This episode of Herding Code the guys talk to Bert Belder, a Node.js developer who’s working on the native Windows port.
- Kevin asks how the Windows port of Node.js got started, and whether there was any resistance to it.
- Jon asks if the eventing model in Windows was one of the more difficult things Bert had to work on. Bert explains that getting REPL (read evaluate print loop) to work on Windows as it did on Unix was actually one of the more difficult challenges at the beginning.
- K. Scott asks about experience of running Node.js. Bert talks about how Node.js runs as an executable, and it’s up to you to set up an HTTP server.
- Kevin asks about the team that’s working on the Windows port.
- Kevin asks Bert for more info on technical challenges on getting Node.js not only working on Windows, but really performing. Bert describes some challenges in implementing I/O Completion Ports, spawning child processes, etc.
- Jon says that some of the initial negative feedback he’d seen on the announcement of the Windows port was concern over negative performance implications for the Unix version, and Bert says that one of the criteria they’re working under is that Unix performance not be degraded.
- Kevin asks Bert if he had a background in high performance networking, of if he’d been figuring things out as he went along. Bert explains that he and the team have had a good amount of time to work on this, so they had a pretty good idea of how to solve this.
- Jon asks about performance testing, and Bert describes some of the load tests that they use.
- K. Scott asks about if most Node.js modules will work on Windows. Bert says he guesses 90% will work, and the ones that won’t are making operating-system specific assumptions.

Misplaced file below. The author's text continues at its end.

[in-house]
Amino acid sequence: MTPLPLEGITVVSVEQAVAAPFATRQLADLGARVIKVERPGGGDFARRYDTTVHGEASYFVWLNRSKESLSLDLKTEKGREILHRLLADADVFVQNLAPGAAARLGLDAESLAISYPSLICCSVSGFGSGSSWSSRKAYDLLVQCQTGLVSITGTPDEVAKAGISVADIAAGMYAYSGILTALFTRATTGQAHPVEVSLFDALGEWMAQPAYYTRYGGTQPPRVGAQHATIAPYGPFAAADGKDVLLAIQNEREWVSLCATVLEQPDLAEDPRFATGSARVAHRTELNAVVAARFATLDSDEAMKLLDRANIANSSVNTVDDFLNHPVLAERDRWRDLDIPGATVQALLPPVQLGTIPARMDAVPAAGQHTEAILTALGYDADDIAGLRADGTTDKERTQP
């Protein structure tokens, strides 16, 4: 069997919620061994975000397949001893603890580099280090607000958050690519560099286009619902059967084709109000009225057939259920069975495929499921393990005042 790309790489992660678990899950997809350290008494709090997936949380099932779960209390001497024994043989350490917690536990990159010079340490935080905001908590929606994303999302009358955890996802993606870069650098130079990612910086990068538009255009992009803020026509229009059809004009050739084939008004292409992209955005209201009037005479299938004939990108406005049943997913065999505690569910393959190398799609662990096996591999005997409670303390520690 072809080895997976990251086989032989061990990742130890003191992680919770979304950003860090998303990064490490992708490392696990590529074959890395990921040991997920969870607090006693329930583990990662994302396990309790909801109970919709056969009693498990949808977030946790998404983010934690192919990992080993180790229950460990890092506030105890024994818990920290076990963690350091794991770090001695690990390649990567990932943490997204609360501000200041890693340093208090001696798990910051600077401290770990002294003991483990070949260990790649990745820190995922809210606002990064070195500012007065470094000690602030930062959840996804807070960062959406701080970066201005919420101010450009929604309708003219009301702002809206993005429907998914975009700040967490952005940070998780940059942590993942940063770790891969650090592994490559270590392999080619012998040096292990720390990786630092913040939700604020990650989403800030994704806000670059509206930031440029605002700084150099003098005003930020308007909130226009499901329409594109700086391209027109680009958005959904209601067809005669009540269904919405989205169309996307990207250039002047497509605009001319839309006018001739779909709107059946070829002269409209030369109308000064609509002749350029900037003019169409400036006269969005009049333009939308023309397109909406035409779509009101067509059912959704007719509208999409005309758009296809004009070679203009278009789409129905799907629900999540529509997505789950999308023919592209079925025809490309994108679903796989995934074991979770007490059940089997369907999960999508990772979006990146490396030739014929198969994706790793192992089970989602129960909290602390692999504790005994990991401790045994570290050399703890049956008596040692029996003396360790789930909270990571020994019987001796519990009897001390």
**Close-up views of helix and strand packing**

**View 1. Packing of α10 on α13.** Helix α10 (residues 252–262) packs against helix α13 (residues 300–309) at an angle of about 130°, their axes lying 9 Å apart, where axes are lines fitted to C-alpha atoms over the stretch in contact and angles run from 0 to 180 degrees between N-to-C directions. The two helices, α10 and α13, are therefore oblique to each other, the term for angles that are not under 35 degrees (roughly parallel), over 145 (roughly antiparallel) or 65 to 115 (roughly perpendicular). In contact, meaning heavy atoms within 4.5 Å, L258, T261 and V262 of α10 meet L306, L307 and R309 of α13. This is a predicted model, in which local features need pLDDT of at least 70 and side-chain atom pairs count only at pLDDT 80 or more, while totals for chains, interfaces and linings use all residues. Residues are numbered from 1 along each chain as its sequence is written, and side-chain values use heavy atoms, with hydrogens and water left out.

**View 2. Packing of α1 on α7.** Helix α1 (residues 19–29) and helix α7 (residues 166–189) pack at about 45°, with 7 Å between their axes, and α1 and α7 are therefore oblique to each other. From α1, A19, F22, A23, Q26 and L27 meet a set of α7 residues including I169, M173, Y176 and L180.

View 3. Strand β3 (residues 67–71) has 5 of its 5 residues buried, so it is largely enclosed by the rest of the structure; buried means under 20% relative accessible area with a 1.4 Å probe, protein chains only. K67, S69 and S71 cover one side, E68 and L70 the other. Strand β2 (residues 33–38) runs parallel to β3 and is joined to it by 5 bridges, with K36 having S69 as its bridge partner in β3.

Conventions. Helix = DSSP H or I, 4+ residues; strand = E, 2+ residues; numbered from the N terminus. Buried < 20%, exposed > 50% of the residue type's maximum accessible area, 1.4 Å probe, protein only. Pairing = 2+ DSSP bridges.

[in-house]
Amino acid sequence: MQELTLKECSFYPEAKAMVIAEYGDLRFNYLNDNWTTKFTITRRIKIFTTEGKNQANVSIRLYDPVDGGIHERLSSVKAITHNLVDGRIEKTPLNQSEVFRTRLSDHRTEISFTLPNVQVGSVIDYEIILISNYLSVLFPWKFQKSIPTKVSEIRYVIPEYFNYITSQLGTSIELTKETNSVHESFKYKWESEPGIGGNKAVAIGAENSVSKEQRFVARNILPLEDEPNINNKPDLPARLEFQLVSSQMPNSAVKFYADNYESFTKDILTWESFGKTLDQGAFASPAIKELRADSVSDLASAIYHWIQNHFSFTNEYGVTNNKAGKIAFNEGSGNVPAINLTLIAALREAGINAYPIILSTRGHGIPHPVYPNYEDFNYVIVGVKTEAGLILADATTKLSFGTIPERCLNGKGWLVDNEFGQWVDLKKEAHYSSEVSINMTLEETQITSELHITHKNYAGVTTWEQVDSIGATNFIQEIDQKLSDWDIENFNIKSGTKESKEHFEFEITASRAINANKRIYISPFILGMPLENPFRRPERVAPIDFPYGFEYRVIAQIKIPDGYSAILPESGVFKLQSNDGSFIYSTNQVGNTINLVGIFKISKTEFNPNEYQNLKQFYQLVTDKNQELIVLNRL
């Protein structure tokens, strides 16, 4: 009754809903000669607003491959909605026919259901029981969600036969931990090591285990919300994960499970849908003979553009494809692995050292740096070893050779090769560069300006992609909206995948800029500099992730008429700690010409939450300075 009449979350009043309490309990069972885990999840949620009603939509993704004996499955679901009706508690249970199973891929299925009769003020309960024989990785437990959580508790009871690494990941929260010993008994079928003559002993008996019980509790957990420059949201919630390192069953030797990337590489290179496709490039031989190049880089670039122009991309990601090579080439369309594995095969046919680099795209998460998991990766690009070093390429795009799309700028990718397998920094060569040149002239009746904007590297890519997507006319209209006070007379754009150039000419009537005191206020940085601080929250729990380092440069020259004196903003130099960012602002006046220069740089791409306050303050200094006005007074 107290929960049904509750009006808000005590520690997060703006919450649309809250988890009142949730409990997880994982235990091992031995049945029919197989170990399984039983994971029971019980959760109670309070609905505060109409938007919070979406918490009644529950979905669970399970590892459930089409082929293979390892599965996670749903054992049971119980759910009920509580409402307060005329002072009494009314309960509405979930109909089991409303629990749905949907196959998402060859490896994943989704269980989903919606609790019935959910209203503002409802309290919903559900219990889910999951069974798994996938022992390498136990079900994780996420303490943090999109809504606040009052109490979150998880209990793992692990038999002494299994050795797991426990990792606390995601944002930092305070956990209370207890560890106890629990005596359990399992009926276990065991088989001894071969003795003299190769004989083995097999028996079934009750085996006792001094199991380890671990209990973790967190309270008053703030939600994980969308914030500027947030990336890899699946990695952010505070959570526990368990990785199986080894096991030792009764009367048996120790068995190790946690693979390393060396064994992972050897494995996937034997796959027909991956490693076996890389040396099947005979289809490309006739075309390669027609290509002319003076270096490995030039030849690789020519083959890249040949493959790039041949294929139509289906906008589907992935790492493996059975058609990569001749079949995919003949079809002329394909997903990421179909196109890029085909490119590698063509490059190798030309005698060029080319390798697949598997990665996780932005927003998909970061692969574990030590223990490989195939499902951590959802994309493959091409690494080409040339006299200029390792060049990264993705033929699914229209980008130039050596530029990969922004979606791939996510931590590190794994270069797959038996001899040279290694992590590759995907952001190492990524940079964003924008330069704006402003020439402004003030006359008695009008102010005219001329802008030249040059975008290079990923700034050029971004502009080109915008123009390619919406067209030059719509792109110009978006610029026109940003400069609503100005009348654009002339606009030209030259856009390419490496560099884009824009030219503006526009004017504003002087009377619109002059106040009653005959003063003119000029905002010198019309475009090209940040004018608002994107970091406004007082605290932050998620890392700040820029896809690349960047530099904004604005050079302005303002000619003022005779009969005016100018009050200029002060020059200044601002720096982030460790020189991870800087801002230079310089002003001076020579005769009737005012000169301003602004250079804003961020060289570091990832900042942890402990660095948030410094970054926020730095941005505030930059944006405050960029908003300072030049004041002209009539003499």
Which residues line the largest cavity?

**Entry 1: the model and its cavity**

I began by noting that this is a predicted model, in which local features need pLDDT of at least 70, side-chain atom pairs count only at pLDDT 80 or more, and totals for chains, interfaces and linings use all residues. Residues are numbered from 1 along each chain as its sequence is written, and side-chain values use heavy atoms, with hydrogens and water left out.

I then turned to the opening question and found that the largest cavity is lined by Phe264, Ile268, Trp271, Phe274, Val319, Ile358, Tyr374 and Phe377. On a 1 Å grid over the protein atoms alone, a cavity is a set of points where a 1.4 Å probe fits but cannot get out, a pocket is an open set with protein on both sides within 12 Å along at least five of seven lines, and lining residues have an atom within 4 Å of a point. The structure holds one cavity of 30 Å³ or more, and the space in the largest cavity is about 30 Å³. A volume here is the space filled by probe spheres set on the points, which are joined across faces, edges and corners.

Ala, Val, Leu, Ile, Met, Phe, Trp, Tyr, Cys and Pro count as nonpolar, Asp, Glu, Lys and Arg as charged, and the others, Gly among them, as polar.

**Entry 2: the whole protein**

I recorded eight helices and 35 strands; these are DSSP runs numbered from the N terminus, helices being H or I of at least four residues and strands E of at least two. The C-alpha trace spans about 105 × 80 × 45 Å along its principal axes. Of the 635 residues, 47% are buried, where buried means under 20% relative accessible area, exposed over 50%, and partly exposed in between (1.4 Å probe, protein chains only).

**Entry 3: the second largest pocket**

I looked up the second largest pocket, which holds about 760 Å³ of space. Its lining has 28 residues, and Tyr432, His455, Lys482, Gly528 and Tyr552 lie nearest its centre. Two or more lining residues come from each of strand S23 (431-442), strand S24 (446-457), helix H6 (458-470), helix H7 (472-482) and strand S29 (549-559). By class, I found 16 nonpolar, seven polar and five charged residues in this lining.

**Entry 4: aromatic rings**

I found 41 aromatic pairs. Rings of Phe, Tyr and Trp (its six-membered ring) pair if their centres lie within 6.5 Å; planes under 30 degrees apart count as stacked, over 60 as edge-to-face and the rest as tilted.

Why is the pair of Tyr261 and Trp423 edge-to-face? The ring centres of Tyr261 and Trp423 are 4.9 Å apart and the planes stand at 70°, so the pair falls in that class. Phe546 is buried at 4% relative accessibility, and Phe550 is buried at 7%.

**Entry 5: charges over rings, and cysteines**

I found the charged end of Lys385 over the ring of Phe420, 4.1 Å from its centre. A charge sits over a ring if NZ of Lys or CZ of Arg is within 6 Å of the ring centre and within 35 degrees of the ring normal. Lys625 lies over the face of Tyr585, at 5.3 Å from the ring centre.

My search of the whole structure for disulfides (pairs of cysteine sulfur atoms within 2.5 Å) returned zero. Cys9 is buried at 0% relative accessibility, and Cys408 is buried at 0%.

- Jon asks Bert about his work on libuv, the abstracted platform layer for Node.js, and Kevin asks about the process of designing this abstraction layer.
- Kevin asks Bert if there are places where Windows is more flexible or powerful than Linux. Bert explains that since node was written for Unix first, it wasn’t built to exploit Windows advantages, but with Windows kernel mode HTTP stack might be useful in the future.
- K. Scott asks if the port could have been aided by open source projects like Cygwin. Bert explains how Cygwin isn’t really helpful in making node.js work well on Windows.
- Jon asks if dropping support for Cygwin in Node.js will affect users, and Bert says the only effect may be for addons which are written so as to be Unix-only.
- Kevin asks about Windows support for NPM.
- There’s a discussion about the different hosting options on Windows including Azure and iisnode. Kevin asks about service hosting to allow socket level access (below IIS).
- Kevin asks if there’s a plan for cross-platform system support for modules that need native access. Bert talks about changes to npm to support binary hosting so operating system specific binaries can be automatically downloaded.
- Kevin asks if there will be a focused effort to get node module authors to support Windows.
- Jon asks about multi-core scenarios. Bert talks about different options, explaining that iisnode can help with this, but he hasn’t seen options for interprocess communication in iisnode or in in either multi-core scenarios.
- Kevin asks about the use of gyp for the node.js build process and about Bert’s development environment on Windows.
- Kevin wraps up by asking Bert how to pronounce his twitter handle.
- Bert Belder (@piscisaureus)
- Porting Node to Windows with Microsoft’s Help (announcement post on blog.nodejs.com)
- I/O Completion Ports (MSDN)
- libuv (github)
Installing and Running node.js applications within IIS on Windows – Are you mad? (Scott Hanselman post about iisnode)
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